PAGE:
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Thursday, January 16, 2020

Hate Resolutions? Blame the Romans by @JoanReeves

Tired of posts about New Year resolutions? If so, you can blame the whole New Year Resolution stuff on the ancient Romans.

You can relax, this post isn't about writing resolutions. It's about why this is a tradition many of us would like to forget. *LOL*

Fuel for Jokes

Some people write resolutions. Some don't. Some like to set goals for the New Year. Others feel doomed to failure before they start.

Comedians joke that a list of resolutions is a list of things you'll never do. (Too true for most of us.)

A Very Short History

New Year's is the oldest celebrated holiday, dating back 4,000 years to the ancient Babylonians who feasted and "otherwise" celebrated for 11 straight days. There's just not that much history to explain the New Year and resolution thing.

Most historical accounts relate New Year's celebrations to the Romans. Supposedly, in 153 BC, Romans placed an image of Janus, the god of beginnings and the guard of doorways or entrances, at the beginning of the calendar. Yes, that's why the first month of the Julian calendar is called January.

2-Faced Janus
Coin with Janus
Coin depicting Janus. Public Domain Image
Janus was a two-faced god, literally. He had a face that looked back on the past and a face that looked forward to the future—all at the same time.

I guess it was appropriate for him to become the symbol for the new year. Perhaps they made resolutions for new beginnings in the New Year, and that's what started it all.

Romans celebrated Janus, looked for forgiveness from enemies of the past and looked forward to the future by exchanging gifts before the beginning of the new year.

(Above at right: coin depicting Janus. Public Domain Image

When Was New Year's Day?

Two thousand years ago, the New Year didn't begin on January 1. Even in our modern world, not every country marks January 1 as the first day of the new year.

In 46 B.C., January 1 became the beginning of the New Year because Julius Caesar developed a calendar (the Julian calendar) that more accurately reflected the seasons than previous calendars had.

Fast forward to today. We still celebrate the coming of a new year, probably pretty much like the Babylonians and Romans—you know, drinking, eating, dancing, music, and some kanoodling with your sweetie.

If you've already fallen off the diet wagon, don't feel bad. In a study on resolutions, more than 50% of the participants were confident they could achieve their goals, but only 12% actually achieved success. Forget that and drown your sorrows in a New Year Romance like Last Chance New Year?

For only 99 cents, you can see how a workaholic executive takes a leap of faith—hoping the man she loves will catch her.

Get Last Chance New Year at Amazon Kindle.

I'll leave you with these thoughts. New Year's resolutions mean changing habits. That's hard work.

Master change the sane way. Pick one thing to change. Work consistently on that until you've mastered it. Then pick another thing to change.That's the secret to successful new beginnings.

Oh, and remember, breathe, relax, and read!


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Tuesday, January 14, 2020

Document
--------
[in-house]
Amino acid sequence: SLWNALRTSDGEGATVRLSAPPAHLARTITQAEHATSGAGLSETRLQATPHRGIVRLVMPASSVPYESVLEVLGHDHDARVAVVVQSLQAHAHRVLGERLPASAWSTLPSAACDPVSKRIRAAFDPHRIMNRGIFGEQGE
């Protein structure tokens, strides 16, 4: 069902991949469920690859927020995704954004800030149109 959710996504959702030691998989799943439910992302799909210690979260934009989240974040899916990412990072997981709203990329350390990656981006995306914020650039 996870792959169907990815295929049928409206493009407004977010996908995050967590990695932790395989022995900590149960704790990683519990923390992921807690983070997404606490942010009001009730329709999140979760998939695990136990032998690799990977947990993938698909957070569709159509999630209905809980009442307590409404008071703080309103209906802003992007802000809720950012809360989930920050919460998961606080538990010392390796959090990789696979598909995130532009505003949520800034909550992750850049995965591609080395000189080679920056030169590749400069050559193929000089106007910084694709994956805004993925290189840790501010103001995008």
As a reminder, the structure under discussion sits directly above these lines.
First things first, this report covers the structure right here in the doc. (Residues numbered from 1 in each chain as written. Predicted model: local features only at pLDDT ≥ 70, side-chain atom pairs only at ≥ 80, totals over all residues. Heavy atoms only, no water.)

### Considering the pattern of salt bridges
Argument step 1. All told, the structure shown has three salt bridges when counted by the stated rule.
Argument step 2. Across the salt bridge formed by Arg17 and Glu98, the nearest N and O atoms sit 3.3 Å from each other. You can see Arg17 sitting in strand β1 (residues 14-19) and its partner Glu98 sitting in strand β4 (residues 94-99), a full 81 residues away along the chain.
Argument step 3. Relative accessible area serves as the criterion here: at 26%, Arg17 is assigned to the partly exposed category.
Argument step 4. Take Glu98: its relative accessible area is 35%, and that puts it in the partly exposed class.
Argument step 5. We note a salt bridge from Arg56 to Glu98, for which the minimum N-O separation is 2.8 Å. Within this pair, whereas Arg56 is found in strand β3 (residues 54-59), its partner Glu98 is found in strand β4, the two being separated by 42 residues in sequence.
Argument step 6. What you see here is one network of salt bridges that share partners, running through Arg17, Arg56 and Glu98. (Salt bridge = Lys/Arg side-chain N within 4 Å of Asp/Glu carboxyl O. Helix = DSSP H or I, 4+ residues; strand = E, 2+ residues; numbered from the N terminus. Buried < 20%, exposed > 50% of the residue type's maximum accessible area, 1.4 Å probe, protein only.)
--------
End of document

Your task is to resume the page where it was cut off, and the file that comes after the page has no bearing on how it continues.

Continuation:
New Year's Magic by Bea Tifton

Ah, the New Year. All that talk of new beginnings, a blank book, etc. A friend of mine posted something on Facebook along the lines of, “Well, it’s almost the new year. Time for all those ‘Everything’s going to be different and perfect posts.’” I was struck by her cynicism. 
 Don’t get me wrong. I realize that people don’t completely reinvent themselves just because the ball drops on Times Square. The world doesn’t become a Disney movie with helpful animals dropping by to clean my house, (still waiting for that to happen), everything doesn’t magically become perfect.  I’m a grown up, so I know that.

Background vector created by gluiki 

 But isn’t there something magical about new beginnings? They’re hard, sure. They can be messy, even painful. But the optimism. Isn’t that important? We haven’t’ lost our optimism. This year was a very difficult one for my family. There’s something comforting about a “This year will be better” outlook.  I think it drives us to better ourselves. To pick ourselves up and try again. To strive for better habits, a better life.

I’ve often heard people say, “If only I could go back. This time I wouldn’t make so many mistakes. I’d do things differently.” It’s a tempting thought. But the caveat is that we’d have to know we were going back, for without that knowledge, wouldn’t we just make the same mistakes? I’m pretty sure I would make just as many. They may be different ones, but still.

I prefer a different philosophy. Everything I’ve done. Every time I didn’t take that great advice that would have made such a positive difference, every time I impulsively made that illogical decision, and every time I made just the right decision made me who I am today. If I’d followed different paths, be they better or worse, I would be a different person. And after, um, (mumbles indistinctly) years on the planet, I like me. I’ve chosen to like me. And to be proud of the accomplishments I’ve made. And not to live in regrets or what ifs.
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The New Year. A blank book. What an amazing feeling. What a great thing.  The possibilities are endless. Make the most of it.